4 Torah ornament
Galicia, 18th century
Silver, partially gold plated
From the collection of the Jewish Museum of Óbuda, 1950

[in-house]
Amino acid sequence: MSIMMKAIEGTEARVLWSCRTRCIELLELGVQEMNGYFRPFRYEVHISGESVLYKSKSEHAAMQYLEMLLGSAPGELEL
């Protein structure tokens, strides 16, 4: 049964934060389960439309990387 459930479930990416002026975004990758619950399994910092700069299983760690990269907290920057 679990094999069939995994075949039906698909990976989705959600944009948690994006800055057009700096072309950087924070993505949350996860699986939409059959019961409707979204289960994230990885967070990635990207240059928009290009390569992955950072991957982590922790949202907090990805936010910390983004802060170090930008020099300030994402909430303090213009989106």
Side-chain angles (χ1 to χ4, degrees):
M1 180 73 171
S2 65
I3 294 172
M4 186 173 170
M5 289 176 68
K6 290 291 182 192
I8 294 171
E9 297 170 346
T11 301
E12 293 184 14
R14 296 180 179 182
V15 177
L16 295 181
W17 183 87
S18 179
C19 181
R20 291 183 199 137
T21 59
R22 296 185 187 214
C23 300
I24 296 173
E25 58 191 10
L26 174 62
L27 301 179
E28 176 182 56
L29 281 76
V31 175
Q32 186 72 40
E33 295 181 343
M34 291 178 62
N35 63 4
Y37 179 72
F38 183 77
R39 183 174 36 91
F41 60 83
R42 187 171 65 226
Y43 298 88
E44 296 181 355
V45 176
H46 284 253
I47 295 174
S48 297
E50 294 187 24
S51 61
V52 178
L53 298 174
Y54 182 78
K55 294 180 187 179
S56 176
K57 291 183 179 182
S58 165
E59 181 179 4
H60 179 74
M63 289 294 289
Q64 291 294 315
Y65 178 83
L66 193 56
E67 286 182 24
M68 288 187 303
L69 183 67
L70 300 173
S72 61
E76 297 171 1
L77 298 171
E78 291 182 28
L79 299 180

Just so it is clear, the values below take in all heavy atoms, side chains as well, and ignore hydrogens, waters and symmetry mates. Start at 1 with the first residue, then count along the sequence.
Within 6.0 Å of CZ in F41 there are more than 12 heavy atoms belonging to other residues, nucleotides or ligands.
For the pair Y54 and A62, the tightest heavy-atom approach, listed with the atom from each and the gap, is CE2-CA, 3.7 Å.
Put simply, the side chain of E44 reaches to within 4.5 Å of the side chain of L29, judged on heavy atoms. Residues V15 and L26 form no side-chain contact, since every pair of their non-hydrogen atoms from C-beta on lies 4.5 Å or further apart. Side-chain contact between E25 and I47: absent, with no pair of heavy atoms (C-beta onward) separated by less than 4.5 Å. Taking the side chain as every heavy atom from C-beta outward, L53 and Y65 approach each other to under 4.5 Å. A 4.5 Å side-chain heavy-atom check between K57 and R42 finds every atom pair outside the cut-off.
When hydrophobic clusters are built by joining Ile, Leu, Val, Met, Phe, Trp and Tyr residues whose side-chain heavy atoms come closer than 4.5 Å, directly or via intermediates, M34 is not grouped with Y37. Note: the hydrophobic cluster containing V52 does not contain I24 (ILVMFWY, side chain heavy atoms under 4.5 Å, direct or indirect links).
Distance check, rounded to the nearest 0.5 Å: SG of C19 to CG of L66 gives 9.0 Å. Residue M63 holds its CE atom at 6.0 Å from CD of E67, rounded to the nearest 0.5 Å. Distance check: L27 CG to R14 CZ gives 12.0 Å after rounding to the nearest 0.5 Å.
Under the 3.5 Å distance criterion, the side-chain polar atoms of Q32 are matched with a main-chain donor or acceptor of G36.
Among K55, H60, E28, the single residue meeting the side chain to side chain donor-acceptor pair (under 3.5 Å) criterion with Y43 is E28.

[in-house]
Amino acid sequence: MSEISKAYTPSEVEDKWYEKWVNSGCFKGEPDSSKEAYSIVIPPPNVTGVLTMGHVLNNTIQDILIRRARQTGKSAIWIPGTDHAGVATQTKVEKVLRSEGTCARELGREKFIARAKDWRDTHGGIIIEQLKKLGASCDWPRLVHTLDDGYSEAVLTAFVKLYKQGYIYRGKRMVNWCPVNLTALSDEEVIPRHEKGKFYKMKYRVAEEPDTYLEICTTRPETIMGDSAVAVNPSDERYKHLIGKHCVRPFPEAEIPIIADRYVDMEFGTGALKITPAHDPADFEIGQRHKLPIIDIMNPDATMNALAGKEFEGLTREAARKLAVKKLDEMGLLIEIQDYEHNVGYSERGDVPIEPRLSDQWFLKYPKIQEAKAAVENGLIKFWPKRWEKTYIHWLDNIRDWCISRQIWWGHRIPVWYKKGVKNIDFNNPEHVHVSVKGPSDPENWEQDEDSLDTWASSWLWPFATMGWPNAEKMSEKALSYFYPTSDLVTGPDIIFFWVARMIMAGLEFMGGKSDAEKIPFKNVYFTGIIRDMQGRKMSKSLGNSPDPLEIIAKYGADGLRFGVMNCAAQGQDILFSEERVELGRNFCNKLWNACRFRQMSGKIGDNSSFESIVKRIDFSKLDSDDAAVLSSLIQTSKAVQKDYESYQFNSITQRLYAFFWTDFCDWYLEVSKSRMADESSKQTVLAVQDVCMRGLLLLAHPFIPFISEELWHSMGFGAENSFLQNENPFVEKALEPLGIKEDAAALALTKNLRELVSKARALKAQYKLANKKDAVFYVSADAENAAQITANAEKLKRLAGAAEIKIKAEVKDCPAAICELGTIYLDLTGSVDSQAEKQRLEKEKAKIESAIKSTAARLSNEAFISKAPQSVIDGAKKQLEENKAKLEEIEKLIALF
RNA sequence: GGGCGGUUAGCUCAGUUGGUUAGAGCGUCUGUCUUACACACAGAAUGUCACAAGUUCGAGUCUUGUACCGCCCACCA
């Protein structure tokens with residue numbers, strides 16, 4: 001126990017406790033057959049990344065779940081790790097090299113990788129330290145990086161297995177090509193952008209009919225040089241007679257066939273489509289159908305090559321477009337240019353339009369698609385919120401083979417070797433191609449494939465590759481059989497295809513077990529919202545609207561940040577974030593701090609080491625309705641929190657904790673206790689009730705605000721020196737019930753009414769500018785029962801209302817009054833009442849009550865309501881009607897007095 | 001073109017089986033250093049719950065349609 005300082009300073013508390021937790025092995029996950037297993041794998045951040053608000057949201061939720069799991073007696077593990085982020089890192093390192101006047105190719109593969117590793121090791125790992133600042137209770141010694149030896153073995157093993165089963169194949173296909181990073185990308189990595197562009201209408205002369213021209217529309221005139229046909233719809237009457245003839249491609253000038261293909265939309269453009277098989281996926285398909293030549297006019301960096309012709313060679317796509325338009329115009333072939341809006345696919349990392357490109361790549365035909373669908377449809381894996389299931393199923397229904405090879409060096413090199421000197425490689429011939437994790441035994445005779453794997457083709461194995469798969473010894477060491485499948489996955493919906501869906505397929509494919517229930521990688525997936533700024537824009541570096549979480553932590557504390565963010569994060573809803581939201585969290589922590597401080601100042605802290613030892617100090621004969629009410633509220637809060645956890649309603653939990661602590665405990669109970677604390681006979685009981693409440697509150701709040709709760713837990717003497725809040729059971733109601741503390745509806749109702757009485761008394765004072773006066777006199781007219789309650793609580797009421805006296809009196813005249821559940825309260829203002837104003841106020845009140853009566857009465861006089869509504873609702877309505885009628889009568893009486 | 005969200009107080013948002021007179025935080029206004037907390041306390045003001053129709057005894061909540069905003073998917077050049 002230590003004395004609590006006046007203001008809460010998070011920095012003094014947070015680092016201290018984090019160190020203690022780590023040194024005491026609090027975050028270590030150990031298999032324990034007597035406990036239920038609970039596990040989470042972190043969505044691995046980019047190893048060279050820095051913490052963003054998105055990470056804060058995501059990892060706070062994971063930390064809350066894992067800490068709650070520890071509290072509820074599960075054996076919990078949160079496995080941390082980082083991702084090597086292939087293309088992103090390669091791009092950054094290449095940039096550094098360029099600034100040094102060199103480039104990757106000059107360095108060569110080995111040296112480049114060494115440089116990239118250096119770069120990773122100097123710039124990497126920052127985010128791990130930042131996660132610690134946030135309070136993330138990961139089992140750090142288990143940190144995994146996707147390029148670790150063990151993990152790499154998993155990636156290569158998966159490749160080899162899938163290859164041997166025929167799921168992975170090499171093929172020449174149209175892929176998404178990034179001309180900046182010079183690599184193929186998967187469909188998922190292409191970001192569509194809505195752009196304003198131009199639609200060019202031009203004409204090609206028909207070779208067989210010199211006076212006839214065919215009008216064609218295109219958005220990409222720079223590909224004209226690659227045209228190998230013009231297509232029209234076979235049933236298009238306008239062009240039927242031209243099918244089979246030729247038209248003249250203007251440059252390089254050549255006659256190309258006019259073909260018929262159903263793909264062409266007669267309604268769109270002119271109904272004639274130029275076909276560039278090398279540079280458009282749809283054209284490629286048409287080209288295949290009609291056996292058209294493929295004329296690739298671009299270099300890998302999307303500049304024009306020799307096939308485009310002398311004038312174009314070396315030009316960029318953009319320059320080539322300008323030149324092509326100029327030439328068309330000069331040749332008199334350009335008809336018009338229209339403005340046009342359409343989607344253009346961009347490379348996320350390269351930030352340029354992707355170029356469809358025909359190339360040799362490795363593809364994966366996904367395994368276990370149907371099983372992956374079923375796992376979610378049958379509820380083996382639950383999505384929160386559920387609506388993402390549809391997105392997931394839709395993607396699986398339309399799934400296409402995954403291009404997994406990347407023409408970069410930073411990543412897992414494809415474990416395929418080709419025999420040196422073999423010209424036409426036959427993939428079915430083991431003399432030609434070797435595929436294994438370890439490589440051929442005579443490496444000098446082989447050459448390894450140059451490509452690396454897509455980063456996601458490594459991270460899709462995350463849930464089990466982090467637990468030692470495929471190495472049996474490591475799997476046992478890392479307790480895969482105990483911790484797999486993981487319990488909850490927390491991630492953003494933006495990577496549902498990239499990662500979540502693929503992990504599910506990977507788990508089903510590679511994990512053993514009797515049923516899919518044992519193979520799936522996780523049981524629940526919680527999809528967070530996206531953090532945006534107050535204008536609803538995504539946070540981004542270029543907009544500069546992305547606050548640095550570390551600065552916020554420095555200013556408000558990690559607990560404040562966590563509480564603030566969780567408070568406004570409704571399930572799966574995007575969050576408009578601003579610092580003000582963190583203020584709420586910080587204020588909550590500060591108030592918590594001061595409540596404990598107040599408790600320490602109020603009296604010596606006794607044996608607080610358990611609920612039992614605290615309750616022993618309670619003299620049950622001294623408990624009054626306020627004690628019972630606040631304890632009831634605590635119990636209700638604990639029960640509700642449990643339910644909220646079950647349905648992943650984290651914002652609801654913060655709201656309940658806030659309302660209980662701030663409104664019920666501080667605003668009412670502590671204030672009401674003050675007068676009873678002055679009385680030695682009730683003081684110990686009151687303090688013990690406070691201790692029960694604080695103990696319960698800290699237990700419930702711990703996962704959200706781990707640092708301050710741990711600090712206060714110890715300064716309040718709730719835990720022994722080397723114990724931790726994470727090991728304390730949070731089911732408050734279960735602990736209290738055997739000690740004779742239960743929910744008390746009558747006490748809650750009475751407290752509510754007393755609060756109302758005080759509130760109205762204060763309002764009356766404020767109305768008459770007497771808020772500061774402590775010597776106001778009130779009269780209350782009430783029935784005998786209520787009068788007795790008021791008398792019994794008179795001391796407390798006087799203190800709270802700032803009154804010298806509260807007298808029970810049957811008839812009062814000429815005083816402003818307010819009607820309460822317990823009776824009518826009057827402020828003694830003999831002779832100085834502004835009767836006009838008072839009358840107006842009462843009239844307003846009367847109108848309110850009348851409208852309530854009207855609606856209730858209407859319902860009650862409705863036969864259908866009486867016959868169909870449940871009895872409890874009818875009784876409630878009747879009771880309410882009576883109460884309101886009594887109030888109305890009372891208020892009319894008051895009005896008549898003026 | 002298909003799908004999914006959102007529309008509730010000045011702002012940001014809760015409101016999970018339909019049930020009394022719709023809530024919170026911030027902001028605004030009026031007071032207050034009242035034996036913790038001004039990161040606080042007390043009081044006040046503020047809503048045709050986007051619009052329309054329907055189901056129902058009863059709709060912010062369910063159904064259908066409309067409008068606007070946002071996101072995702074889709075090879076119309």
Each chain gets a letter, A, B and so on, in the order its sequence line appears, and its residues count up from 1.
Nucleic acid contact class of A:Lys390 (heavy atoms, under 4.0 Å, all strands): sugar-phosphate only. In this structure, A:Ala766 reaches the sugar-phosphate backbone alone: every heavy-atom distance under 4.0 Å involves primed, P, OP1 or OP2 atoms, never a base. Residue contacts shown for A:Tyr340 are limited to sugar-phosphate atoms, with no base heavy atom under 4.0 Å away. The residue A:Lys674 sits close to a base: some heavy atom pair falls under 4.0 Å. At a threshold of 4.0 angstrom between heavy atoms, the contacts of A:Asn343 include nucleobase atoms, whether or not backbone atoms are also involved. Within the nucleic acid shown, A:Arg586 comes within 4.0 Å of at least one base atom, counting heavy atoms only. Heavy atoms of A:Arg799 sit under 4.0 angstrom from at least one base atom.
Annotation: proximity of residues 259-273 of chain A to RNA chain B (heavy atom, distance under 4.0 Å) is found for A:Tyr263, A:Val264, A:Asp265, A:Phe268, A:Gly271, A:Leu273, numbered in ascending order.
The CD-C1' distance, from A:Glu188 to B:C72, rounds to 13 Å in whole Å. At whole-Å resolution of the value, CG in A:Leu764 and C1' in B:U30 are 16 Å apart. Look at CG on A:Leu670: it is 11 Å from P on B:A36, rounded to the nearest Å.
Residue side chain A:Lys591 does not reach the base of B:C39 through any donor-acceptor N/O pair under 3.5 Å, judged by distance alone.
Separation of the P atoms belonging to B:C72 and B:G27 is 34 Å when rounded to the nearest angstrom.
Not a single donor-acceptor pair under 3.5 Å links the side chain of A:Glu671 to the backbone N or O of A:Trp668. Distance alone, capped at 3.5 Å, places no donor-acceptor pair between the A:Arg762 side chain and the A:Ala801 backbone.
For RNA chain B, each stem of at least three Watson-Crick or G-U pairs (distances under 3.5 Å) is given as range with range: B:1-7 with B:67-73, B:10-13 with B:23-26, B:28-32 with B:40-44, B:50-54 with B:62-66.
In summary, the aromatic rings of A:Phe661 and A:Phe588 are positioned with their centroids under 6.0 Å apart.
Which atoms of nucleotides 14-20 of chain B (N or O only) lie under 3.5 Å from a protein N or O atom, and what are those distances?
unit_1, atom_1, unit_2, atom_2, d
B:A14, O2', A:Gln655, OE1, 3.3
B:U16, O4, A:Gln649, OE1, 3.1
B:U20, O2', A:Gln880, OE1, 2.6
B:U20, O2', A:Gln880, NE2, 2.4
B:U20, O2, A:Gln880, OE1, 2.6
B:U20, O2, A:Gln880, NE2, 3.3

The first known decorations of the Torah scrolls are the rimon pairs. Rimon in Hebrew means pomegranate, which is the symbol of abundance, and figuratively, of the Torah. The stems of this rimon pair from the Chevra Kadisha of Óbuda are surrounded by grape vine, and birds and lions can be seen in the crowns on its top. The lion symbolizes the tribe of Judah and Jerusalem, and the birds refer to a verse from the Book of Isaiah (Is. 31:5): “As birds flying, so will the LORD of hosts defend Jerusalem; defending also he will deliver it; and passing over he will preserve it.” This little Torah ornament from Galicia was first exhibited at the Historical Exhibition of Metal Art in 1884, and then on the National Millennial Exhibition in 1896.